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Four-year follow-up of surgical versus non-surgical therapy for chronic low back pain
  1. Jens Ivar Brox1,
  2. Øystein P Nygaard2,
  3. Inger Holm3,
  4. Anne Keller4,
  5. Tor Ingebrigtsen5,
  6. Olav Reikerås6
  1. 1Orthopaedic Department, Oslo University Hospital – Rikshospitalet, Oslo, Norway
  2. 2Neurosurgical Department, St Olavs Hospital, Trondheim, Norway
  3. 3Clinic of Rehabilitation, Oslo University Hospital – Rikshospitalet, Oslo, Norway
  4. 4Department of Physical Medicine and Rehabilitation, Oslo University Hospital – Ullevaal, Oslo, Norway
  5. 5Neurosurgical Department, University Hospital of North Norway, Tromsø, Norway
  6. 6Hospital of Rehabilitation, Stavern and Unifob Health, University of Bergen, Bergen, Norway
  1. Correspondence to Dr Jens Ivar Brox, Orthopaedic Department, Oslo University Hospital-Rikshospitalet, Sognsvannsveien, 0027 Oslo, Norway; jens.ivar.brox{at}rikshospitalet.no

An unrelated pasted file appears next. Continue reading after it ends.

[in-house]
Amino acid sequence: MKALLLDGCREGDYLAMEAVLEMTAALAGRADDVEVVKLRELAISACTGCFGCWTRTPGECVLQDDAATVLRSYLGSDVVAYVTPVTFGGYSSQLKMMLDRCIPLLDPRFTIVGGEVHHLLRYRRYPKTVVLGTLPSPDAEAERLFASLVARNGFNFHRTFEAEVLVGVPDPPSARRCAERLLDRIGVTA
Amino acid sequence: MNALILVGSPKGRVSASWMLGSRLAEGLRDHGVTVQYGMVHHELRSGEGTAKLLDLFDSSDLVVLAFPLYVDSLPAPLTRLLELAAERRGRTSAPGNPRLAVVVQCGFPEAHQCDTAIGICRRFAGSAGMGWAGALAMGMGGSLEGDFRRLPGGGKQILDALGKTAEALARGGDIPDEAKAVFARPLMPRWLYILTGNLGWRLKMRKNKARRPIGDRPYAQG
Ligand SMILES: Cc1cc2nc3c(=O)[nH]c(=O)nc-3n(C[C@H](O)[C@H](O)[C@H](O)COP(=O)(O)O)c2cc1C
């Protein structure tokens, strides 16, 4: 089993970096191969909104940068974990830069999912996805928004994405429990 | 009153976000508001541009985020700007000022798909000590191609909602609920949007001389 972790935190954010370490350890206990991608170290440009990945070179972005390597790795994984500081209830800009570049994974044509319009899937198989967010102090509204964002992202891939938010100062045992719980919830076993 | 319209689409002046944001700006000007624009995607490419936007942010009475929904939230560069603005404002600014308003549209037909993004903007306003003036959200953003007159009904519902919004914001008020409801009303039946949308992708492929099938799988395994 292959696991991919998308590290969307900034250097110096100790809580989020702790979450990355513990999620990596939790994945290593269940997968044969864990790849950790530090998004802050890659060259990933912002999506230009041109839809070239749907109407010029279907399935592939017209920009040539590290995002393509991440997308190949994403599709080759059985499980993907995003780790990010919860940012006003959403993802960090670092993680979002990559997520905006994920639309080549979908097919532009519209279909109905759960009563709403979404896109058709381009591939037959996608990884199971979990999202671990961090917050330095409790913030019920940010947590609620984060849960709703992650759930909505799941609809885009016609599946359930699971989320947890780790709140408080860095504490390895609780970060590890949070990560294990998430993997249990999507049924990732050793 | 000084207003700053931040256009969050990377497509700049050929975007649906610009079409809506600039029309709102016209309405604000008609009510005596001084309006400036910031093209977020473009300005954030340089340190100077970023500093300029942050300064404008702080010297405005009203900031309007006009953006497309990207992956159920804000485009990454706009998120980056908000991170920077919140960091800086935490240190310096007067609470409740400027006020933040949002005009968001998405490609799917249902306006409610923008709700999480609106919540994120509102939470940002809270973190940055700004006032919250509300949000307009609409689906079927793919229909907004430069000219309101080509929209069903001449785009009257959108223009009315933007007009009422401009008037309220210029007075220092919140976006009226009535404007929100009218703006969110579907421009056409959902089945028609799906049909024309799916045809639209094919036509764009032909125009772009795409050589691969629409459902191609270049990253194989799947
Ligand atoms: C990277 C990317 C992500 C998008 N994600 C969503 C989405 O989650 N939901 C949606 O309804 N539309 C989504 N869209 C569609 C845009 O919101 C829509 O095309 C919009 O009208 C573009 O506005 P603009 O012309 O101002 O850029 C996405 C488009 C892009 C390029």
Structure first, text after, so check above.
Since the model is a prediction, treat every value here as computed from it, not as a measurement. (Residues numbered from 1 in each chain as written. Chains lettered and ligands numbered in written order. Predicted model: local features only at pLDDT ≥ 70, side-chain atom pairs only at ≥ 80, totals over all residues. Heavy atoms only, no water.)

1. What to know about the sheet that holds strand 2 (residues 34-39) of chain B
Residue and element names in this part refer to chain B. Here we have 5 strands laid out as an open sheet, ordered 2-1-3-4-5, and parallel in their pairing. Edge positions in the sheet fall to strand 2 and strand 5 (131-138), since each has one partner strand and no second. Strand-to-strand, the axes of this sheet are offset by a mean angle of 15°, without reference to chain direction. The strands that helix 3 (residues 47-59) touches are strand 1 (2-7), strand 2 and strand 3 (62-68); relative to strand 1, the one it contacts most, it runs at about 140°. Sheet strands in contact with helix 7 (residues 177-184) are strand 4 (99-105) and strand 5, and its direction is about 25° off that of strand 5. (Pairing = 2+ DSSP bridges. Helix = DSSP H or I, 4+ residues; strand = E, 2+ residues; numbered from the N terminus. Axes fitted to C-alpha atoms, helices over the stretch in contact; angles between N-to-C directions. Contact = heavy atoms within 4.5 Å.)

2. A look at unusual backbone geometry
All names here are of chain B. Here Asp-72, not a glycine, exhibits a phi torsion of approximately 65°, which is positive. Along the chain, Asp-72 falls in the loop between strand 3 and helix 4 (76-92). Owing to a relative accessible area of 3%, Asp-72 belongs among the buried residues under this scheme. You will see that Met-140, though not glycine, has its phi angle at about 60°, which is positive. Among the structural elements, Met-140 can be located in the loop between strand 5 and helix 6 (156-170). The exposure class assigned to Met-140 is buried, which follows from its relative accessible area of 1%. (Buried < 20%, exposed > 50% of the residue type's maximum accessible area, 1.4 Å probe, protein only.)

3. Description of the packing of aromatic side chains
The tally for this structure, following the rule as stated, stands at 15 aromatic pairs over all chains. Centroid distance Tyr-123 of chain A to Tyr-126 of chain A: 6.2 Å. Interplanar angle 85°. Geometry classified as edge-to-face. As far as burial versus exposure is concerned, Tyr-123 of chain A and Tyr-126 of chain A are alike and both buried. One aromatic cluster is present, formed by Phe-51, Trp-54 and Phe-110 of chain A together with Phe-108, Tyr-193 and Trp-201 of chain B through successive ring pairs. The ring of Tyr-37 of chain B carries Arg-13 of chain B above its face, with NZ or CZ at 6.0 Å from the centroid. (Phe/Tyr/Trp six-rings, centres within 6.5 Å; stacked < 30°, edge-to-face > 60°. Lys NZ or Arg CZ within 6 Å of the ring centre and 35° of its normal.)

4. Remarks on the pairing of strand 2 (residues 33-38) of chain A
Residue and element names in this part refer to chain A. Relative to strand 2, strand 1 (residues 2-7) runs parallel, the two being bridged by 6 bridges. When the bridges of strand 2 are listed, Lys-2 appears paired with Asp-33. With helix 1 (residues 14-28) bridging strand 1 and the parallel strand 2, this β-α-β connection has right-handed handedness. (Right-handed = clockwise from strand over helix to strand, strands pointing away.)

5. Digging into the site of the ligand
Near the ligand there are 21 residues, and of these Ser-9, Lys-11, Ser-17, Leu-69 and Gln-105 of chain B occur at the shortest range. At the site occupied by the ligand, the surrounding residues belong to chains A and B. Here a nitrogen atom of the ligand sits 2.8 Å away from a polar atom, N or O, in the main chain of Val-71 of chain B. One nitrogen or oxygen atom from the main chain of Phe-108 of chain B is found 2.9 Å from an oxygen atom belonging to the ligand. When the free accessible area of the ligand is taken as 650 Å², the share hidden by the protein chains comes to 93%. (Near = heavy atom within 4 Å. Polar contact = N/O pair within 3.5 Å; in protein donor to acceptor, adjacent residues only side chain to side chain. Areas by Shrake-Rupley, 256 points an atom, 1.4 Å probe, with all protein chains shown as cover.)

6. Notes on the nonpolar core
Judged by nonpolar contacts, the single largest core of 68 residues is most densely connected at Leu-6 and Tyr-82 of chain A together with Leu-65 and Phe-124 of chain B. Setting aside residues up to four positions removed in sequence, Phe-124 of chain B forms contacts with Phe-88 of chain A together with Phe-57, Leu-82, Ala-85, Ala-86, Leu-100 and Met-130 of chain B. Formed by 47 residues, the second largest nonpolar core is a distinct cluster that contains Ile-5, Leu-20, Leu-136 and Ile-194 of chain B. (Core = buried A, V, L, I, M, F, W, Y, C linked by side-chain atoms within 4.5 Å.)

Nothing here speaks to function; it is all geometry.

Abstract

Objectives To compare the long-term effectiveness of surgical and non-surgical treatment in patients with chronic low back pain.

Methods Two merged randomised clinical trials compared instrumented transpedicular fusion with cognitive intervention and exercises in 124 patients with disc degeneration and at least 1 year of symptoms after or without previous surgery for disc herniation. The main outcome measure was the Oswestry disability index.

Results At 4 years 14 (24%) patients randomly assigned to cognitive intervention and exercises had also undergone surgery. 15 (23%) patients assigned fusion had undergone re-surgery. The mean treatment effect for the primary outcome was 1.1; 95% CI −5.9 to 8.2, according to the intention-to-treat analysis and −1.6; 95% CI −8.9 to 5.6 in the as-treated analysis. There was no difference in return to work.

Conclusions Long-term improvement was not better after instrumented transpedicular fusion compared with cognitive intervention and exercises.

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Footnotes

  • Competing interests None.

  • Patient consent Obtained.

  • Ethics approval This study was conducted with the approval of the Ethics Committee Health region I, Norway.

  • Provenance and peer review Not commissioned; externally peer reviewed.

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